|US6643196 *||Jan 30, 2002||Nov 4, 2003||Oki Electric Industry Co., Ltd.||Redundant memory circuit for analog semiconductor memory|
|US6693831||Jun 21, 2001||Feb 17, 2004||Samsung Electronics Co., Ltd.||Apparatus of repairing memory cell and method therefor|
|US6781879 *||Sep 5, 2002||Aug 24, 2004||Kabushiki Kaisha Toshiba||Nonvolatile semiconductor memory with a page mode|
|US6836441||Oct 22, 2003||Dec 28, 2004||Samsung Electronics Co., Ltd.||Apparatus of repairing memory cell and method therefor|
|US6850450 *||Feb 13, 2002||Feb 1, 2005||Samsung Electronics Co., Ltd.||Fuse box including make-link and redundant address decoder having the same, and method for repairing defective memory cell|
|US6889307||Nov 16, 2001||May 3, 2005||Matrix Semiconductor, Inc.||Integrated circuit incorporating dual organization memory array|
|US7006393 *||Jun 7, 2004||Feb 28, 2006||Micron Technology, Inc.||Method and apparatus for semiconductor device repair with reduced number of programmable elements|
|US7006394 *||Jun 7, 2004||Feb 28, 2006||Micron Technology, Inc.||Apparatus and method for semiconductor device repair with reduced number of programmable elements|
|US7043672||Apr 30, 2003||May 9, 2006||Micron Technology, Inc.||Layout for a semiconductor memory device having redundant elements|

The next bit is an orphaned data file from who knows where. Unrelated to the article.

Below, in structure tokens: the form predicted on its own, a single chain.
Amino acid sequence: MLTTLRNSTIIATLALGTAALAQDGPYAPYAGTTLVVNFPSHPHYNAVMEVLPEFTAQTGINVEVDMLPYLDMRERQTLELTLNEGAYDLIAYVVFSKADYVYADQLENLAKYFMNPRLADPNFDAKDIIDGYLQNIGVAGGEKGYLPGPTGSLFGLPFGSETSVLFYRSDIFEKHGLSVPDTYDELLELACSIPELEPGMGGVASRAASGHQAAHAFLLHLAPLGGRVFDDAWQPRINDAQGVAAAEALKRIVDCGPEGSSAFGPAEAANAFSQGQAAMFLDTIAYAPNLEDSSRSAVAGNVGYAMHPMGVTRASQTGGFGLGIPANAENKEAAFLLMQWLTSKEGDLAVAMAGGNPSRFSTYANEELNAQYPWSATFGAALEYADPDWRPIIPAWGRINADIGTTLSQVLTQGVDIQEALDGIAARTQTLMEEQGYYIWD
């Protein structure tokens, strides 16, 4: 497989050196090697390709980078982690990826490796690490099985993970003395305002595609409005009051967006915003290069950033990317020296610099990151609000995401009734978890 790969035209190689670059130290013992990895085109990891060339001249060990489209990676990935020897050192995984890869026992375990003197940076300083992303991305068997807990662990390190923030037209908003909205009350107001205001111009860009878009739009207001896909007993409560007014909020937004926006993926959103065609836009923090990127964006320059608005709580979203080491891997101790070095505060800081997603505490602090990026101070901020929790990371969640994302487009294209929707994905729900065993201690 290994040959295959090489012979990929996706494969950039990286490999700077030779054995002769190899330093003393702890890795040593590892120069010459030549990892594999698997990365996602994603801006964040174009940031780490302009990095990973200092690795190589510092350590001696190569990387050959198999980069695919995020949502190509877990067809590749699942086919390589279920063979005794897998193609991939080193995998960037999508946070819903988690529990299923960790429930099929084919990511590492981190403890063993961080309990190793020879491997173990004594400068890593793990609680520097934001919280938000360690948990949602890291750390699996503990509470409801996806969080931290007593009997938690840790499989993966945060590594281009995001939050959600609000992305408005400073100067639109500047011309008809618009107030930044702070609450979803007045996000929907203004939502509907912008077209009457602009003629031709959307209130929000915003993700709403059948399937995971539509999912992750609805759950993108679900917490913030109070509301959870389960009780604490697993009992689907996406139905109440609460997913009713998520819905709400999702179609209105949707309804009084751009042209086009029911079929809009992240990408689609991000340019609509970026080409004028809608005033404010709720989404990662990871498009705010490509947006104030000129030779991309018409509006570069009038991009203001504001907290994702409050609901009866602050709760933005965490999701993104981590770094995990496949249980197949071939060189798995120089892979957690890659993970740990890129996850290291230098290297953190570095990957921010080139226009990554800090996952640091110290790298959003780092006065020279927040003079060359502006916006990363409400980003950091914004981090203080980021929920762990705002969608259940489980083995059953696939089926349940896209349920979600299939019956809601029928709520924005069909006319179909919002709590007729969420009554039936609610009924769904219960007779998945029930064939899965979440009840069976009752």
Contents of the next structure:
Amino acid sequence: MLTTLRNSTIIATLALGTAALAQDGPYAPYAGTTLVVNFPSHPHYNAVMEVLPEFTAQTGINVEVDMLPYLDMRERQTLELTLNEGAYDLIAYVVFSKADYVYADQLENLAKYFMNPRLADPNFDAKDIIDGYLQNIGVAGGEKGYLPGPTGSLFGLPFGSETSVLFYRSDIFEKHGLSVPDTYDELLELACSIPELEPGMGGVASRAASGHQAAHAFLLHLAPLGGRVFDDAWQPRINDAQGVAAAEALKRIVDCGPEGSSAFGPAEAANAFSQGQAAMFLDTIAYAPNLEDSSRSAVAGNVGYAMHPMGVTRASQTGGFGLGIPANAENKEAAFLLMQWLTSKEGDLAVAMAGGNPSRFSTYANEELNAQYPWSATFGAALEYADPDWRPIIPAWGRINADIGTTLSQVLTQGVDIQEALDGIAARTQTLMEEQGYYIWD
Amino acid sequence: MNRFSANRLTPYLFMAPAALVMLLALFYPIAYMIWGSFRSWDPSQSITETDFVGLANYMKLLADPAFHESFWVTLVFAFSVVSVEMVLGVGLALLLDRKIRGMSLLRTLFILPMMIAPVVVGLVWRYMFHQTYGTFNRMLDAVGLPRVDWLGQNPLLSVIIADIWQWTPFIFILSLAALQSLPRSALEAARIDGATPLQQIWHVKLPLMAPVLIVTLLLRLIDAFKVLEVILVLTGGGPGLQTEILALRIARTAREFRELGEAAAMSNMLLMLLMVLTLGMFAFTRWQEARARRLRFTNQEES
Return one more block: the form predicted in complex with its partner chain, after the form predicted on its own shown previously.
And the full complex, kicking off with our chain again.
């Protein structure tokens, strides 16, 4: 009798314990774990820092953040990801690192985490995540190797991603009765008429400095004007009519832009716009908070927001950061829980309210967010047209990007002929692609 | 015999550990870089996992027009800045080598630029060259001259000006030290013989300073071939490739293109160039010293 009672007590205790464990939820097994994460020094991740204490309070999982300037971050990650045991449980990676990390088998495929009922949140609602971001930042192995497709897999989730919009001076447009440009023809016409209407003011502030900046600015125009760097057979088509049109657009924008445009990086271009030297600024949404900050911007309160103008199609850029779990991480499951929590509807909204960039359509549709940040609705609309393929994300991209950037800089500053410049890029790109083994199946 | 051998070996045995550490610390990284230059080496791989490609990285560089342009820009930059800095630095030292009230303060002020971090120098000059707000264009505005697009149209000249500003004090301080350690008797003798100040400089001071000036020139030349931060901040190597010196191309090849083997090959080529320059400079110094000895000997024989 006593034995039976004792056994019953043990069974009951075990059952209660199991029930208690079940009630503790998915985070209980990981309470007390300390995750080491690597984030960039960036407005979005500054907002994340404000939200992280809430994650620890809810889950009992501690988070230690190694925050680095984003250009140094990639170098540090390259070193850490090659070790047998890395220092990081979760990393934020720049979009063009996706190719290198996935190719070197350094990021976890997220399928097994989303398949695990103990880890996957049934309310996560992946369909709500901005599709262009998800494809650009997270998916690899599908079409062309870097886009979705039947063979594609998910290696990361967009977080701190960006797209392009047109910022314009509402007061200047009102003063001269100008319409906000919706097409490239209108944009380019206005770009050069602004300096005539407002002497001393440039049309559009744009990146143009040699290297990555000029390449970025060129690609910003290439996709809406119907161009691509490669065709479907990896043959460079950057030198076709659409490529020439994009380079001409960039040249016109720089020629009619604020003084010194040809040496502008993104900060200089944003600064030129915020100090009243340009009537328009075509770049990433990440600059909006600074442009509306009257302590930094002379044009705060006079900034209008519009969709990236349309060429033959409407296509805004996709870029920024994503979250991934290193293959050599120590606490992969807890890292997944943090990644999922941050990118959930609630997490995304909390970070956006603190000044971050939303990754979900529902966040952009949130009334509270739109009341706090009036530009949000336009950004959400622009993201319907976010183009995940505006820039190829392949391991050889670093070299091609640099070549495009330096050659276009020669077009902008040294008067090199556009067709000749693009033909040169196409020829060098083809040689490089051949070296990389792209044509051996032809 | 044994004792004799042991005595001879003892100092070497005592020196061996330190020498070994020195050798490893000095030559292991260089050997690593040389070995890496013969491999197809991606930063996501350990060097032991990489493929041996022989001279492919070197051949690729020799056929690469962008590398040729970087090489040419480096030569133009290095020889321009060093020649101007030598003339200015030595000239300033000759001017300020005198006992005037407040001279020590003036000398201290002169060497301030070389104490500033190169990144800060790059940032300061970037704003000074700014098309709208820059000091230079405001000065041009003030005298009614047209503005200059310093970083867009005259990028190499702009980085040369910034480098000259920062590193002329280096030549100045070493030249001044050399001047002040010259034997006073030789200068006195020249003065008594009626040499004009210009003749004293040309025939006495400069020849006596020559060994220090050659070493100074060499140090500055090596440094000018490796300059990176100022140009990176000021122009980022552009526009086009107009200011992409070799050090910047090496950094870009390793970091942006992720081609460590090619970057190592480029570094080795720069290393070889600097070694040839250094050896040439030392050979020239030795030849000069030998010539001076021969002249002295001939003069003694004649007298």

|US7218561||Dec 5, 2005||May 15, 2007||Micron Technology, Inc.||Apparatus and method for semiconductor device repair with reduced number of programmable elements|
|US7260019 *||Oct 31, 2005||Aug 21, 2007||Spansion Llc||Memory array|
|US7277337 *||Sep 25, 2006||Oct 2, 2007||Kingston Technology Corp.||Memory module with a defective memory chip having defective blocks disabled by non-multiplexed address lines to the defective chip|
|US7359273 *||Nov 8, 2006||Apr 15, 2008||Samsung Electronics Co., Ltd.||Semiconductor memory device having layout for minimizing area of sense amplifier region and word line driver region|
|US7376025||Jan 27, 2006||May 20, 2008||Micron Technology, Inc.||Method and apparatus for semiconductor device repair with reduced number of programmable elements|
|US7409581||Aug 5, 2002||Aug 5, 2008||Hewlett-Packard Development Company, L.P.||Main memory controller adapted to correct corrupted data by xoring corrupted data to directly generate correct data|
|US7609561 *||Jan 18, 2006||Oct 27, 2009||Apple Inc.||Disabling faulty flash memory dies|
|US7839684 *||Mar 11, 2009||Nov 23, 2010||Skymedi Corporation||Defective block handling method for a multiple data channel flash memory storage device|